The nurse made 3-D molds of her hand and feet. When I got home we made a special shelf at Griffin’s level with his hand and foot molds from when he was 2, along with his Wishing Bowl with wishes from his fairy godparents, Rowan's hand and foot, and a plaster heart with the soles of her tiny feet. Each time I show one of my friends the molds Griffin tells them, "That's my baby sister's foot and hand. She's gone now to be an Angel."

His uncle (who became a dad just 5 months before) told me later he and Griffin talked about Rowan during their walk. He told Griffin that Mommy and Daddy were going to be sad for awhile but we both love him very much, and he was going to have to be very brave and give mommy lots of hugs. I think Griffin took it to heart. He has always been huggy and cuddly, but in the weeks that followed he loved crawling up in my lap and telling me how much he loved me.

Griffin frequently requests that we read him the books he was given to help him understand, "No New Baby" etc... We both tear up every time, but realize that is what he needs from us because he is grieving as well. When we look at pictures of her he says right away, “That’s my baby Rowan!” When we saw a baby on TV the other day he was very quiet (which is unusual for him), so I asked if he was okay, and he tearfully said, “I miss my baby sister.” I said I did too and asked if he wanted to look at pictures of her. We found the framed ones we have and he placed them in the middle of the living room where he could see them. He will always remember he had a sister.

We also planted a Rowan Tree during a memorial service in our backyard, and created a little garden around it filled with pansies. Griffin sat on his Daddy's lap, solemnly staring at the picture of his baby, and eagerly helped everyone plant pansies when the time came. The service was followed by a "Party for Rowan" inviting a few of Griffin's friends to come play with him after the service. Now Griffin and I periodically go out to weed her garden or sit together on a bench to look at it.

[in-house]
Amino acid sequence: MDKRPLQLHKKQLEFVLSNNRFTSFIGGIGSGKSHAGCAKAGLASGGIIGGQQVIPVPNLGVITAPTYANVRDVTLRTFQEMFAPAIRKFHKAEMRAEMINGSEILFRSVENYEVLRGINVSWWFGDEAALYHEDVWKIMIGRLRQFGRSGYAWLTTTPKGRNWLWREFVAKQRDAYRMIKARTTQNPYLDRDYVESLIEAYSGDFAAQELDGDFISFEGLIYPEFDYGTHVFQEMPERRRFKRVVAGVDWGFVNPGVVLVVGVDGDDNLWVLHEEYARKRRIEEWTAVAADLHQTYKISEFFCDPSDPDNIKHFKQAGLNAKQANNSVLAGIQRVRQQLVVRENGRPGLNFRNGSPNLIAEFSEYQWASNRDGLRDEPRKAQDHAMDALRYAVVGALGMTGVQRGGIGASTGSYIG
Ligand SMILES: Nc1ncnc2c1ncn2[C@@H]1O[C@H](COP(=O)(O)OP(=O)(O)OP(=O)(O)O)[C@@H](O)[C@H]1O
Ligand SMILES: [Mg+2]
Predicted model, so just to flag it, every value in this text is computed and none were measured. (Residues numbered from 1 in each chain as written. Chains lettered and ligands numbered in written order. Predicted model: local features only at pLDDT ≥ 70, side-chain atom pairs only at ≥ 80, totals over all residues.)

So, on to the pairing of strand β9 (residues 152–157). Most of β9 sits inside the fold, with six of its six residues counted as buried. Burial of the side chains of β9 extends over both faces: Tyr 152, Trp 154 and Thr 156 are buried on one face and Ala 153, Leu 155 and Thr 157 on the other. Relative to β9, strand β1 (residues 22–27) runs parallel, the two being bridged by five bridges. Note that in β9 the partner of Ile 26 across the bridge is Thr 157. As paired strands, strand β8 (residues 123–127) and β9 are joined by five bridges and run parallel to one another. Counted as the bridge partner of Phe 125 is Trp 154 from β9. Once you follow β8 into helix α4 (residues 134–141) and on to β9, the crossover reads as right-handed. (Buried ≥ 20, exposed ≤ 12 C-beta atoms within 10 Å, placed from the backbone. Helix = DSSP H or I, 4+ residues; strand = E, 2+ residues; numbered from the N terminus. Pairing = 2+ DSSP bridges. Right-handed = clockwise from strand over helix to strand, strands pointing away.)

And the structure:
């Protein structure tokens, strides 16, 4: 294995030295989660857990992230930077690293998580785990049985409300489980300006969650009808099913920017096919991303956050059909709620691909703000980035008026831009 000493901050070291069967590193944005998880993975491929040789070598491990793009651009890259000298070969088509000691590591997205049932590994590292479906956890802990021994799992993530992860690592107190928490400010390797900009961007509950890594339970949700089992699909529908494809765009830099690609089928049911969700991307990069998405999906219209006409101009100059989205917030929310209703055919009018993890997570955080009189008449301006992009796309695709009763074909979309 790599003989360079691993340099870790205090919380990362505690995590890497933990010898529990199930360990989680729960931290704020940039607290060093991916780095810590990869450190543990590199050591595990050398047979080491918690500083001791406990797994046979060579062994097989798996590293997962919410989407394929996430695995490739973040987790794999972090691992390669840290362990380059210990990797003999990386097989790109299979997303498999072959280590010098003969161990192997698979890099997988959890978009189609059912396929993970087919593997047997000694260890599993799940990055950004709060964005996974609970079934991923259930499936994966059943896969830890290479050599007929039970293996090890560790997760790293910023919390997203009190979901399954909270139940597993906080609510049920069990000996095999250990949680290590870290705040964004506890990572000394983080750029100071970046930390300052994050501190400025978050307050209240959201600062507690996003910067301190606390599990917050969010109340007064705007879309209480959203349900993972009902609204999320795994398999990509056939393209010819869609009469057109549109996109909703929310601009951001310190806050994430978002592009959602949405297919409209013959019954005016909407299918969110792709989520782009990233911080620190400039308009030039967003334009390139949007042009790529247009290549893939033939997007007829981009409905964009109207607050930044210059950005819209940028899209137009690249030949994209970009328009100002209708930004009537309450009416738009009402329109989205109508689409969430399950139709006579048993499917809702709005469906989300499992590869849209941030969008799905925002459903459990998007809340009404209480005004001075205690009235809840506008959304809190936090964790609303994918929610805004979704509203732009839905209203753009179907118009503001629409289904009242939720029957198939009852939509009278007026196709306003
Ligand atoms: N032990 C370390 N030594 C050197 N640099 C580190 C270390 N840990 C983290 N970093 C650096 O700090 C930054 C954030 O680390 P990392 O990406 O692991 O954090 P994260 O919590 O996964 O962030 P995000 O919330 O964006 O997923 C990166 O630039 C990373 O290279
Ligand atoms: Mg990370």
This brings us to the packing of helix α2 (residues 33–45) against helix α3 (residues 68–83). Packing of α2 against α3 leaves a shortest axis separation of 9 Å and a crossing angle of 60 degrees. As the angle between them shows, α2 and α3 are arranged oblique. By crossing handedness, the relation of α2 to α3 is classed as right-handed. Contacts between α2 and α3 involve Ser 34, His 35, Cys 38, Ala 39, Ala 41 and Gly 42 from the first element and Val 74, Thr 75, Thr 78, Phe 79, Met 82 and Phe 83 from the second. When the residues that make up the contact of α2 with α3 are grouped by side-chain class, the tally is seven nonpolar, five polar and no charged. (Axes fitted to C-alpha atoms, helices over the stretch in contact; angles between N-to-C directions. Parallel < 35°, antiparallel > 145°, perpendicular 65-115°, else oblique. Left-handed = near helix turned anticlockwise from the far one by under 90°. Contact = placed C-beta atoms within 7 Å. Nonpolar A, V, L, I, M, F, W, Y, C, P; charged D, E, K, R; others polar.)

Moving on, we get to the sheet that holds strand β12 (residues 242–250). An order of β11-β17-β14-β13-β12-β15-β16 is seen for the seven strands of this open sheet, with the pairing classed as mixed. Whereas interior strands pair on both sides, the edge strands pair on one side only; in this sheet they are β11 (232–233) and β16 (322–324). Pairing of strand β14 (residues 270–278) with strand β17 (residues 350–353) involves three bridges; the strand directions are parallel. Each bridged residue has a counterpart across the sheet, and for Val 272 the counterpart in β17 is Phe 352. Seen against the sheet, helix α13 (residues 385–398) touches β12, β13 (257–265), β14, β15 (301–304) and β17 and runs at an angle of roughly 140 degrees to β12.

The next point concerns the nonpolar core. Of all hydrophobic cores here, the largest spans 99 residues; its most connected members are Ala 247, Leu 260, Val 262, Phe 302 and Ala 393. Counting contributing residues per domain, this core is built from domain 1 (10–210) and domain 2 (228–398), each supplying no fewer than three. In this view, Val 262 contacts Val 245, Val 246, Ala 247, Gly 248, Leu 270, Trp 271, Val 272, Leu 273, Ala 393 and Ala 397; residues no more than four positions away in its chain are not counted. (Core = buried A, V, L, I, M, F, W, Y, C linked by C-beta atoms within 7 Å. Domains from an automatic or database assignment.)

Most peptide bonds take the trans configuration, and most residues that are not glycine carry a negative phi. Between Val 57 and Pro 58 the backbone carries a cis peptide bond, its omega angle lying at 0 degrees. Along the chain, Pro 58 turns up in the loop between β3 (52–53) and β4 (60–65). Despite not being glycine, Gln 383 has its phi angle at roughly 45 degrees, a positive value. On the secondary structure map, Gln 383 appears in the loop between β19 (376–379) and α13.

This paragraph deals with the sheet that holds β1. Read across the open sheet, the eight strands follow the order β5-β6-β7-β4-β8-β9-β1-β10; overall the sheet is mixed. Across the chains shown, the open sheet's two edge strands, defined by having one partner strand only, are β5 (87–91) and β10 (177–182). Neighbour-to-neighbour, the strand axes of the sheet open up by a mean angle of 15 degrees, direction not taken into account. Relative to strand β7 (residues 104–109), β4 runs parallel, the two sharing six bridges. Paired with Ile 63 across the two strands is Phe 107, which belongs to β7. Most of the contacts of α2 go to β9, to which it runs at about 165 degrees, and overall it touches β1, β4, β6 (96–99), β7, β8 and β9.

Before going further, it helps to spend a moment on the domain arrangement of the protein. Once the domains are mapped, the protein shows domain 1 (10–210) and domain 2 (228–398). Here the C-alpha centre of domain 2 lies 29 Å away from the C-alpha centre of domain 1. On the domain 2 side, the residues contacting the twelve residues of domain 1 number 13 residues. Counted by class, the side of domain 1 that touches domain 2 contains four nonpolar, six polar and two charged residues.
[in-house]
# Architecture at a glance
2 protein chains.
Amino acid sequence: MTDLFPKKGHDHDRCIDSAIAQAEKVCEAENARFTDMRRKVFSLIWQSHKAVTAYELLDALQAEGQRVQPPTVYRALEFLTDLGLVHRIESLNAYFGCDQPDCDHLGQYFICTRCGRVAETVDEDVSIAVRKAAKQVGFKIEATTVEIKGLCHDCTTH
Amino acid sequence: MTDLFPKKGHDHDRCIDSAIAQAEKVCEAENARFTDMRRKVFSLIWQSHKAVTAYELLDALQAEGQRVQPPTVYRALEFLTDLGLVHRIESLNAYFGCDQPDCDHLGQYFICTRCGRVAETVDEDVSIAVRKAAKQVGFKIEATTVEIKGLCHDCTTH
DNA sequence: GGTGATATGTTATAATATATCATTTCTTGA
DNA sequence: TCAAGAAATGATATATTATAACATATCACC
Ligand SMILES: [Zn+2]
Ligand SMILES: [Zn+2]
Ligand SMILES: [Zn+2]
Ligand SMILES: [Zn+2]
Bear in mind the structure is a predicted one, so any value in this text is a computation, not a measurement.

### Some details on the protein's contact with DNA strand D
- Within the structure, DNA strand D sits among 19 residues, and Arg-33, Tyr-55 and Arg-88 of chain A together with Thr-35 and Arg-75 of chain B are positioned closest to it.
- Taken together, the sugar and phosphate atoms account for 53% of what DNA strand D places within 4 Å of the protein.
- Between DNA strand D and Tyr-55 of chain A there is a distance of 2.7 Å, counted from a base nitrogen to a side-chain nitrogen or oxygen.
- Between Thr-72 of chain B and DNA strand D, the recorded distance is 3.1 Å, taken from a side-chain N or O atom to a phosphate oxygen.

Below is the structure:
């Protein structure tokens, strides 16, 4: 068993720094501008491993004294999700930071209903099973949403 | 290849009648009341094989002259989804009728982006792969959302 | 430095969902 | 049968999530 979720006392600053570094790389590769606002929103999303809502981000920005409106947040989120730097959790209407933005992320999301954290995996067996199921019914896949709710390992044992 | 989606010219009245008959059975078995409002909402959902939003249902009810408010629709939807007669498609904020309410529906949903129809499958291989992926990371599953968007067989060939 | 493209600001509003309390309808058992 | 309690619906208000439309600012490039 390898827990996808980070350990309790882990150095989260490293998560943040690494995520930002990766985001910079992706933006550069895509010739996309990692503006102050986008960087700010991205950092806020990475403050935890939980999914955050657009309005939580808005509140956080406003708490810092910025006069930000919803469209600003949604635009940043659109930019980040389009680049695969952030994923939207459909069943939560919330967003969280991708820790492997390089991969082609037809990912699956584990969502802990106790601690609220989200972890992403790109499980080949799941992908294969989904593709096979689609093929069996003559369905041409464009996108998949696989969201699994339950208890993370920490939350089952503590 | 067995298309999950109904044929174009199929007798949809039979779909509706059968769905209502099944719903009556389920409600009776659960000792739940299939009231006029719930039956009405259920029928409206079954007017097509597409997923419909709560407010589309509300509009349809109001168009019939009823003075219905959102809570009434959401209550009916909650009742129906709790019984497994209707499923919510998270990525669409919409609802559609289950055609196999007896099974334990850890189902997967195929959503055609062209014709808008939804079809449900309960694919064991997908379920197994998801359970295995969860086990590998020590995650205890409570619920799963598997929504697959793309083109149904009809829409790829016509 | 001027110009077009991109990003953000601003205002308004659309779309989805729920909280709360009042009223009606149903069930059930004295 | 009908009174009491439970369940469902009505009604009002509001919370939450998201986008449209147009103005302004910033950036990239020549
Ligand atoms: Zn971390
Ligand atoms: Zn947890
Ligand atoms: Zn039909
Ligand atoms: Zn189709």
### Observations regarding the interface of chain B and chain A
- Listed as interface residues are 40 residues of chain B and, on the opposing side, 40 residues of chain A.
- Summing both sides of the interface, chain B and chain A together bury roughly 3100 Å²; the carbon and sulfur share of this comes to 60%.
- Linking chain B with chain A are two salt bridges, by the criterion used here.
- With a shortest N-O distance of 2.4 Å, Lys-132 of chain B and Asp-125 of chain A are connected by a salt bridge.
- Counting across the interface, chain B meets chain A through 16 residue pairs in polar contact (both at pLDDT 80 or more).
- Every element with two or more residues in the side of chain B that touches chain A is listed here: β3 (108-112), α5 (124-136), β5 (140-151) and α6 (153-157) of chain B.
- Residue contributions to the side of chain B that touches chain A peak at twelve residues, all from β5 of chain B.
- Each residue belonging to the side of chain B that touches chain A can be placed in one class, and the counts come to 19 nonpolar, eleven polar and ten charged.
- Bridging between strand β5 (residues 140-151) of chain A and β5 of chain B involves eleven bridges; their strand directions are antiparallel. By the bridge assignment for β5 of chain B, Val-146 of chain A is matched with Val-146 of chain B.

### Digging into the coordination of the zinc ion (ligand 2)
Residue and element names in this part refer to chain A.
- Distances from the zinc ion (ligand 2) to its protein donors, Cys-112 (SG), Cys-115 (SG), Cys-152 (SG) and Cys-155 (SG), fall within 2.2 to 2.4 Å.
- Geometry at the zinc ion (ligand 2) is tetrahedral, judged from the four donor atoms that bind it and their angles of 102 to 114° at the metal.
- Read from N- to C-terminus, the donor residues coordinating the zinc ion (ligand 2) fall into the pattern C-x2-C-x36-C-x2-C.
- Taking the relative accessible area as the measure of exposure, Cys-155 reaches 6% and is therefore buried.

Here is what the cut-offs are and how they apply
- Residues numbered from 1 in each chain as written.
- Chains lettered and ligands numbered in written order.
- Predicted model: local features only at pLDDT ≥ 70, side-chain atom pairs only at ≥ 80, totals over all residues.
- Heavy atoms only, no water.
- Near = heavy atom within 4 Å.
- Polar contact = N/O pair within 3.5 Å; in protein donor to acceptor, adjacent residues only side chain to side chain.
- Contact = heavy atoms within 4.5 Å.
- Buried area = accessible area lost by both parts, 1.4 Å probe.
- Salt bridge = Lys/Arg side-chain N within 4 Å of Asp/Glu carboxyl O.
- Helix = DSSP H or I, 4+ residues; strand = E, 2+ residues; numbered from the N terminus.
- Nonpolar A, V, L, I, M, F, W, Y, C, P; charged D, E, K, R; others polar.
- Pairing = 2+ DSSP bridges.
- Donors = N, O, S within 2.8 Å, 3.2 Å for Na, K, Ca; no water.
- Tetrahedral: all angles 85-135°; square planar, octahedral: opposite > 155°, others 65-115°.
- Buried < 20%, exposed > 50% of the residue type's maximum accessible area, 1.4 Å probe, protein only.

The other day when I gave him paper and markers, he began telling me everything he was drawing. “I’m drawing my baby sister Mommy. This is my baby when she was in your tummy. This is my baby when she was an angel.”

I have started a project with my MOMS Club to make and donate blankets and quilts to local NICUs in memory of Rowan. I love sharing my passion for crochet with others, and plan to teach anyone in our club of 65 members who is willing. In the hospital we were given a crocheted afghan and a beautiful quilt. For parents in my situation, these blankets are the only things we have to take home and cuddle to remember our lost babies. Starting this project gives me something positive to focus on, and honors my daughter in the best way I can.

I sometimes have to remind myself that when Griffin begins crying like his world is ending because he did not bring home the balloon he got yesterday, it is not about the balloon. He cries, “I miss my Balloon.” In the exact same way he tells me, “I miss my baby. Mommy, why did our baby die?”


  1. Hey there Lori,
    It's me Vic. We met at the concert in WSU.
    What a beautiful moving story you have here. I feel the loss, and started to tear up.

    I think you handled the explanations very well. It's got to be very hard on him and the rest of the family. *hugs*

    I don't have kids, but I hand raise birds and have lost a few and felt the pain in a similar way, but not the same.

    What you are doing for the moms who loose their babies is a wonderful thing. I love the idea. I hope it keeps up for you and doesn't die off.

    See you around hopefully.


  2. that is so beautiful - i'm so glad you shared and submitted this

  3. I am so sorry for your loss. I could hardly get through this for the tears blurring my sight. My daughter lost her baby boy, her second child also, in 2006 a month before he was due, he just passed away inside of her. I have a picture on my fridge of her and her husband holding him after they birthed him. It was a very hard thing on us all, as you well know. She had another baby girl in 2008. :o) They never figured out what caused Conner to pass away inside of her, only that the placenta dried up. I love the idea of making the blankets for the parents to have in remembrance of their baby. I'm going to inquire at the 3 hospitals in my area and see if they take blankets for babes that don't make it. Thank you for sharing your story.